Global Health Outbreaks and Updates Travel Health Tropical Medicine

Cholera Vaccine for Haiti Relief Workers

Typical Cholera bed with the drainage hole in center and plastic lining

The Cholera outbreak currently ravaging Haiti is prompting aid workers to try to get vaccinated prior to travel.  Unfortunately, there is not a vaccine that is licensed for use in America.  Canada does offer the Dukoral vaccine for protection against Cholera.  The Dukoral cholera vaccine is produced by Crucell Sweden and their website can be visited at  Currently, no country in the world requires the cholera vaccine for entry requirements.

The Cholera Vaccine:

The Dukoral cholera vaccine contains a mixture of inactivated Vibrio cholera bacteria and a non-toxic component of the toxin secreted by the cholera bacteria.  The goal of the vaccine is to stimulate the body’s immune response to the infection without actually make the recipient ill.  The granules containing the vaccine are to be dissolved into a glass of water, then drank.

Cholera Basics:

Cholera is a bacterial infection that causes profuse, watery diarrhea.  Vomiting is also common.  The massive water loss caused by the diarrhea can lead to electrolyte abnormalities and eventually death from dehydration, if left untreated.  The bacteria secretes a “cholera toxin” which is responsible for the majority of symptoms. 


Vibrio Cholerae groups O-1 or O-139; many other serogroups of Vibrio Cholerae exist with or without the cholera toxin gene and can cause similar presenting illness.  Vibrio O-1 has two biotypes: Classical and El Tor.  Each of these biotypes has two different serotypes: Inaba and Ogawa.  The symptoms of these variations is indistinguishable and identical.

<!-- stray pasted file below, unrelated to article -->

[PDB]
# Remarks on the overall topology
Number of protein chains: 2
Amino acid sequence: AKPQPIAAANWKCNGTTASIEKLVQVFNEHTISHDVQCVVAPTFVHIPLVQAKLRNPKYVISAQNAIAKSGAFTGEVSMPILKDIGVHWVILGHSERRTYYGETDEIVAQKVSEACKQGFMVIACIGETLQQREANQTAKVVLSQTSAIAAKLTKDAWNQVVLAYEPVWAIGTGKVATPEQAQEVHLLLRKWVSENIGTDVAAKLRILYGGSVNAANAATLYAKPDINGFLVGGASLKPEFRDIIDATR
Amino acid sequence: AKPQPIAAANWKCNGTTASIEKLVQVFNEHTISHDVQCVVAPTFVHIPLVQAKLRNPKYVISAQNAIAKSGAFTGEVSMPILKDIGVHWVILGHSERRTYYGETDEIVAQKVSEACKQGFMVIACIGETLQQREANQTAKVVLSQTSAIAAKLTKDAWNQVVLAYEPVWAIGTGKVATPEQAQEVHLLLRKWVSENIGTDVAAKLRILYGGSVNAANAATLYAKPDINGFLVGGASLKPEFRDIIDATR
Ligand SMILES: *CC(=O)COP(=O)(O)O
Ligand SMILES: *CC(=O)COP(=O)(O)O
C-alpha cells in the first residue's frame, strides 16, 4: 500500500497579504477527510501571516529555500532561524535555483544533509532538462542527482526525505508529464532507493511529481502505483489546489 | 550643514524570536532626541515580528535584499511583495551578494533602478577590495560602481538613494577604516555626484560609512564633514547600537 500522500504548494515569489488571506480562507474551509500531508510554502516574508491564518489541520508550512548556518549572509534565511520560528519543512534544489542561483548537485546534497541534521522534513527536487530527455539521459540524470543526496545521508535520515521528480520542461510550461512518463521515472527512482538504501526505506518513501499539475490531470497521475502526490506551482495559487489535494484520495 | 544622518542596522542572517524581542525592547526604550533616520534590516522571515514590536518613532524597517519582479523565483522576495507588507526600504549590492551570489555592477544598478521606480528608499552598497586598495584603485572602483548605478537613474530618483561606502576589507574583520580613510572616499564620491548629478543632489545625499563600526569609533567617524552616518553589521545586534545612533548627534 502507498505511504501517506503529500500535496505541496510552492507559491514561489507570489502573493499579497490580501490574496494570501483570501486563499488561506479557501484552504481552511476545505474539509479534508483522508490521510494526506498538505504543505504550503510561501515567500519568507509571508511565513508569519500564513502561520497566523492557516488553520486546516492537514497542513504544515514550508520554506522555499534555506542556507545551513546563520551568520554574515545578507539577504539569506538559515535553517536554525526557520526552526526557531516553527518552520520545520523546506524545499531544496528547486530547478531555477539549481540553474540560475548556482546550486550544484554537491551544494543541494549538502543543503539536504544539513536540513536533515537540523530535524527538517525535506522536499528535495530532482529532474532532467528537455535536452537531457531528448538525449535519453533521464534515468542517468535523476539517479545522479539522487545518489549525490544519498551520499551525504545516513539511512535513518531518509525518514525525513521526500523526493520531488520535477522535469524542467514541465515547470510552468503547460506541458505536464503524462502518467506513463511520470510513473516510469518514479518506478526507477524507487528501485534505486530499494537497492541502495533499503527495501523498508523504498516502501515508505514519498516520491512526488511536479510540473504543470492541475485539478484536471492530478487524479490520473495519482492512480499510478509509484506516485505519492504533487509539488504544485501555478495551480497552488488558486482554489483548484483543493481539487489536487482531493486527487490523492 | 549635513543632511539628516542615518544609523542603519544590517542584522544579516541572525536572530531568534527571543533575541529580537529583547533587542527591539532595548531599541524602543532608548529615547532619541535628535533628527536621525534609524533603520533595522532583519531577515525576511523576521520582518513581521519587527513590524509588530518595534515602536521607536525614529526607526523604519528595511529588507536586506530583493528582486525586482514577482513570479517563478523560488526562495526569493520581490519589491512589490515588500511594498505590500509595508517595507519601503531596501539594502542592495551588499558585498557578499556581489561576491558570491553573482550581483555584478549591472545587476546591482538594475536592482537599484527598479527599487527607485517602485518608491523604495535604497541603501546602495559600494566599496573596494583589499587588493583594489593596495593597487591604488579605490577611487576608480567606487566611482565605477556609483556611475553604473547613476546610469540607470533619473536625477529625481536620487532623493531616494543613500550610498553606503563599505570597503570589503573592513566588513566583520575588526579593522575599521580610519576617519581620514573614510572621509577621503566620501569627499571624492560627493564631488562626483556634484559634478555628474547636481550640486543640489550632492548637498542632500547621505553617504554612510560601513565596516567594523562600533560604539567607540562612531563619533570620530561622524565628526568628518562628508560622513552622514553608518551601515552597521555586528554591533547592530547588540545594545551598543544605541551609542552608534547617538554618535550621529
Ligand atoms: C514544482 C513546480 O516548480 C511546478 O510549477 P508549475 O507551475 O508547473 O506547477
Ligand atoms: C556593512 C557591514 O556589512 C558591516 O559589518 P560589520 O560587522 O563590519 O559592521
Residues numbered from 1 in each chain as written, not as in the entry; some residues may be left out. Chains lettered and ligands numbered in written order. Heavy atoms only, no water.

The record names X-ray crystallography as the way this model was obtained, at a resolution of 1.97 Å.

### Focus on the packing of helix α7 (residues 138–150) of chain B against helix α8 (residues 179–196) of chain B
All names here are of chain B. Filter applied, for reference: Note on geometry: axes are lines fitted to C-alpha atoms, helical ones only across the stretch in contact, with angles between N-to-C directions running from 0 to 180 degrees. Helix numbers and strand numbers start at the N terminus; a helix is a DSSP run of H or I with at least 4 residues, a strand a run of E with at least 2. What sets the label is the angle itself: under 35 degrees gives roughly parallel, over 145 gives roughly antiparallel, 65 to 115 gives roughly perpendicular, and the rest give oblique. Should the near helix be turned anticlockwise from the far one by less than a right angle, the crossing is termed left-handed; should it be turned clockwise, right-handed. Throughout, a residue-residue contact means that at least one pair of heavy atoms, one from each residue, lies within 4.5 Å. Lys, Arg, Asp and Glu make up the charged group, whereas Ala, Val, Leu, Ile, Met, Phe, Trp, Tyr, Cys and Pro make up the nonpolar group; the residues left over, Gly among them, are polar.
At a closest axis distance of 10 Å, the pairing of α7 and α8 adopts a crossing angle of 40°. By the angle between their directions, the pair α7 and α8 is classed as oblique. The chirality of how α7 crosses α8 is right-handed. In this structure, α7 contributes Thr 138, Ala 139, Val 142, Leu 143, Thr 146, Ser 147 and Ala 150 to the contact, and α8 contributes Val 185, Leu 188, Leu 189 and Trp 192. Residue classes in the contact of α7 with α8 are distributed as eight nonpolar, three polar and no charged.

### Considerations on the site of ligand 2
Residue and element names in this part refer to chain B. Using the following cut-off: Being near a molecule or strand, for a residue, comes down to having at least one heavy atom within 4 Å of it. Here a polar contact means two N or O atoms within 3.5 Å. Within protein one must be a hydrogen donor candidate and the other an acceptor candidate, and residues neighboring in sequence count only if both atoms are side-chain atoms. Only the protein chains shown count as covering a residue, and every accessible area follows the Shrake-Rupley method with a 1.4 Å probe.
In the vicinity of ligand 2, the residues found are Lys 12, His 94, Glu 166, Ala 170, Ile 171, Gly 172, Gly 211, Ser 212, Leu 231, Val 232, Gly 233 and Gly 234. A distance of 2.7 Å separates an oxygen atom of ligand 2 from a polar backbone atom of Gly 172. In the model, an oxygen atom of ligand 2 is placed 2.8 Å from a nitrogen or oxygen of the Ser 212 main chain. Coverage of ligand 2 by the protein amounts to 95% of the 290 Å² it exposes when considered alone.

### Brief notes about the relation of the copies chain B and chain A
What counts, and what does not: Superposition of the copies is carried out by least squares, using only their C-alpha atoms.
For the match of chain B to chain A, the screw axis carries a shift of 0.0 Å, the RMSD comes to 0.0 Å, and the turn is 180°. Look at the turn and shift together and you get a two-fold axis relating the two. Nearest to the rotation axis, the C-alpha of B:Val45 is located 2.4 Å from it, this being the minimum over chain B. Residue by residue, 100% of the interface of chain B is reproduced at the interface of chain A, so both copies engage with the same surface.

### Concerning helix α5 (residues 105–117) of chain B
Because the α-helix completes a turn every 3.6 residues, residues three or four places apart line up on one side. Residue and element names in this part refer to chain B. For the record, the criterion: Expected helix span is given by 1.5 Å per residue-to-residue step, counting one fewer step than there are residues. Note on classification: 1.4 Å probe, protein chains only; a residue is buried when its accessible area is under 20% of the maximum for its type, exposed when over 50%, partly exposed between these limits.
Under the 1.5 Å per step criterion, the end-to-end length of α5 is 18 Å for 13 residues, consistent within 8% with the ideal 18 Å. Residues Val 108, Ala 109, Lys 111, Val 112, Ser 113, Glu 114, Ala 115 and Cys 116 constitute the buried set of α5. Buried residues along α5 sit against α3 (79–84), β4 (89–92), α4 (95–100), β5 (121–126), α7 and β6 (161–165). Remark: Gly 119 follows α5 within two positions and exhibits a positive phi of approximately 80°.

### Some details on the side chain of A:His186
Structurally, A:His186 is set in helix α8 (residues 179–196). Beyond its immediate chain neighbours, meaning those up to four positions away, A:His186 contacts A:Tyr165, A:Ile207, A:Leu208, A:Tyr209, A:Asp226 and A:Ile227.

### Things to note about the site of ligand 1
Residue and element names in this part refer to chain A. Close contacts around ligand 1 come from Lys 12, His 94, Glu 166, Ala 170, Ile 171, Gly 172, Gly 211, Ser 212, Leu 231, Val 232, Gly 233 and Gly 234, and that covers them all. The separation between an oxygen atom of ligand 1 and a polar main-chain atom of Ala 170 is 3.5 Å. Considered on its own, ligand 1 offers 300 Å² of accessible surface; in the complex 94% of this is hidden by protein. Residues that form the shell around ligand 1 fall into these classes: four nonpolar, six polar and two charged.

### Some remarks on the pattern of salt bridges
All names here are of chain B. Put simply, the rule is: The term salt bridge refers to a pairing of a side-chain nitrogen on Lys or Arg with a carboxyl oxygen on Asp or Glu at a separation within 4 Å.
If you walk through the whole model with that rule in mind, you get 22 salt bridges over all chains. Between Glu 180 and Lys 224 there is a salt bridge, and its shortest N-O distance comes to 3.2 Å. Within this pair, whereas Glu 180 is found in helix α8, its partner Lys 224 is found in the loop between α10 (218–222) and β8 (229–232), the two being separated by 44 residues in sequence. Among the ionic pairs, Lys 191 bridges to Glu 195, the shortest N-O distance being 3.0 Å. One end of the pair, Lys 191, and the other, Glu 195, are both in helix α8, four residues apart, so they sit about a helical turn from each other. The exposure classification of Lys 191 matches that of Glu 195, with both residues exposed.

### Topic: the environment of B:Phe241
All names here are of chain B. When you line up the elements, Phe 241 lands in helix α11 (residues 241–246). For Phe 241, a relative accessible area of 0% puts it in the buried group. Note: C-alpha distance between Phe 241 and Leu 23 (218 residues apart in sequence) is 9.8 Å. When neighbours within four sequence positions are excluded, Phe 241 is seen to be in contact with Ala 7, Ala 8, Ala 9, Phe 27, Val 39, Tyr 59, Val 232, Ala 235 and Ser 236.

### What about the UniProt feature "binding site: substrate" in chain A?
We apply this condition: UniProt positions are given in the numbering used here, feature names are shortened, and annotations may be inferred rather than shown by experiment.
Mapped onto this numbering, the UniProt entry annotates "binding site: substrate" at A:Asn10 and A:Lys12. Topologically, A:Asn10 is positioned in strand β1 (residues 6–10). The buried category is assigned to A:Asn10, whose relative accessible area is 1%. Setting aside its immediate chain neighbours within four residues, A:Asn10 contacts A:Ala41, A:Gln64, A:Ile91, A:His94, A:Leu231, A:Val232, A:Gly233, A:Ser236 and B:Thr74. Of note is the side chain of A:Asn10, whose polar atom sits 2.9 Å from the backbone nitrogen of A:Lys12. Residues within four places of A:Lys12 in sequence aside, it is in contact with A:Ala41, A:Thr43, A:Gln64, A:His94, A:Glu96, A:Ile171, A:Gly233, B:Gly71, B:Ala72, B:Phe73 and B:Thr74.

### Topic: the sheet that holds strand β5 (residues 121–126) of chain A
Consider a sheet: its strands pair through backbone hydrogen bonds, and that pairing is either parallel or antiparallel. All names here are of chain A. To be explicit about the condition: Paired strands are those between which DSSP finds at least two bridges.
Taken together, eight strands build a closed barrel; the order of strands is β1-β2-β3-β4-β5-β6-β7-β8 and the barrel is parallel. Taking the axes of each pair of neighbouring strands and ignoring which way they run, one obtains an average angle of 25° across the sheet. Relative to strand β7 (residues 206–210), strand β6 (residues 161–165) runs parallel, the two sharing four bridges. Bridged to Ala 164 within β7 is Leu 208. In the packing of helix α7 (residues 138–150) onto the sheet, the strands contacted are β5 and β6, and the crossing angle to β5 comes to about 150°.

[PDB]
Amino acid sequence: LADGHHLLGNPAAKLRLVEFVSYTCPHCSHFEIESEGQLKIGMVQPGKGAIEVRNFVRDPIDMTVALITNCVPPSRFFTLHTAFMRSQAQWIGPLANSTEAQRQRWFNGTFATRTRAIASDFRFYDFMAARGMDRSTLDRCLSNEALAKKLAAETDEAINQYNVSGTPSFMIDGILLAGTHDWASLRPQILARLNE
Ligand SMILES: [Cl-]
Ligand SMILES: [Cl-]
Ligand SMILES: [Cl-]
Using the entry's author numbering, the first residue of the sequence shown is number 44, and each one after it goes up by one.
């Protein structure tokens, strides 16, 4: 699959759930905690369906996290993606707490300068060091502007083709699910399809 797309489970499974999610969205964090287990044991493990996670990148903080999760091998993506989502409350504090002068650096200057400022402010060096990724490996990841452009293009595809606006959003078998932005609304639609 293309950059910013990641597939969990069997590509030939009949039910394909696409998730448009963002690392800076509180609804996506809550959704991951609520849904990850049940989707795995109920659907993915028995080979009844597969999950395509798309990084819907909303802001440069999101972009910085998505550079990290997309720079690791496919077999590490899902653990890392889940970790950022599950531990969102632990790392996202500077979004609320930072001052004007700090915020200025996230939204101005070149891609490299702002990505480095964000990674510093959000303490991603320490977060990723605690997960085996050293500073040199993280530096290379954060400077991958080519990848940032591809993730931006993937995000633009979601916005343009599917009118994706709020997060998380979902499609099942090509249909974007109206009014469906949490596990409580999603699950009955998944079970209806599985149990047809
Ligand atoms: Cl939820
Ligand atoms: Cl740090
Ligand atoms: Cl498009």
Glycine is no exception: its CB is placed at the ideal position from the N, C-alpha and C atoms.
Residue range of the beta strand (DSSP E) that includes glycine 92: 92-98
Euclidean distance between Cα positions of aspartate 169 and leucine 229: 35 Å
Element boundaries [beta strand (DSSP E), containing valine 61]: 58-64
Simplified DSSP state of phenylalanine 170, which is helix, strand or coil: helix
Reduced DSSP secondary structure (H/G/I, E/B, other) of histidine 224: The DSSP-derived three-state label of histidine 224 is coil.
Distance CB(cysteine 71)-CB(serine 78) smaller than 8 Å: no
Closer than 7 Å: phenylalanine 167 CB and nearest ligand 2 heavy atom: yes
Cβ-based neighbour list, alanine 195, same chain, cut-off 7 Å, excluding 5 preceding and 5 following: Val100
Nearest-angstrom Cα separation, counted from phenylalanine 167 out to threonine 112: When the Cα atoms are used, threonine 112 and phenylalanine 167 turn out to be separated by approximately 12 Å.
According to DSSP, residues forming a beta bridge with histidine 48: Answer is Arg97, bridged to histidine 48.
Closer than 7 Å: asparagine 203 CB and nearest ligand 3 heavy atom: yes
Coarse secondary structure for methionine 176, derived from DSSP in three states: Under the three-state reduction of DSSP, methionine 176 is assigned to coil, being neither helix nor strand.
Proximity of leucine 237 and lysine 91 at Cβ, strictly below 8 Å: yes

V. Cholerae is a free-living organism that is found living in both fresh and brackish wasters, often associated with plankton, shellfish and aquatic plants.  Cholera infections is most commonly acquired from drinking water that is naturally infected with V. Cholerea or has been previously infected with  the feces of a previously infected person.  Other common routes of infection include contaminated fish/shellfish, produce or cooked grains that have not been properly heated/cooked.  Person to person transmission, even with healthcare workers is rare. 

New York Board of Health 1832 advice on Cholera prevention


Cholera is often a mild diarrhea illness and can even go unnoticed.  Severe cholera can cause a massive amount of “rice water” diarrhea.  Vomiting is often seen.  Dehydration can occur rapidly and is marked with increased heart rate (tachycardia), low blood pressure (hypotension), dry mucous membranes and thirst.   


The cornerstone of treatment for cholera is rehydration.  This can be accomplished with either oral fluids or through the intravenous (IV) route.  If properly treated, the mortality rate drops to less than 1%.  Electrolytes are an important part of the treatment.  Oral rehydration solutions (ORS) such as Ceralyte, EmergenC or sports drinks such as Gatorade can be used for oral replacement.  Severe cases can be treated with antibiotics which have been shown to shorten the length of disease and decrease fluid requirements.  Tetracycline, Doxycycline, Erythromycin or Ciprofloxacin are commonly used options.   


Food and water precautions are essential.  Hand washing after personal contact and especially before preparing meals or eating is vital.  Ensure you are drinking from purified sources and using safe water for cooking, as well.  Chemoprophylaxis is not necessary or indicated.

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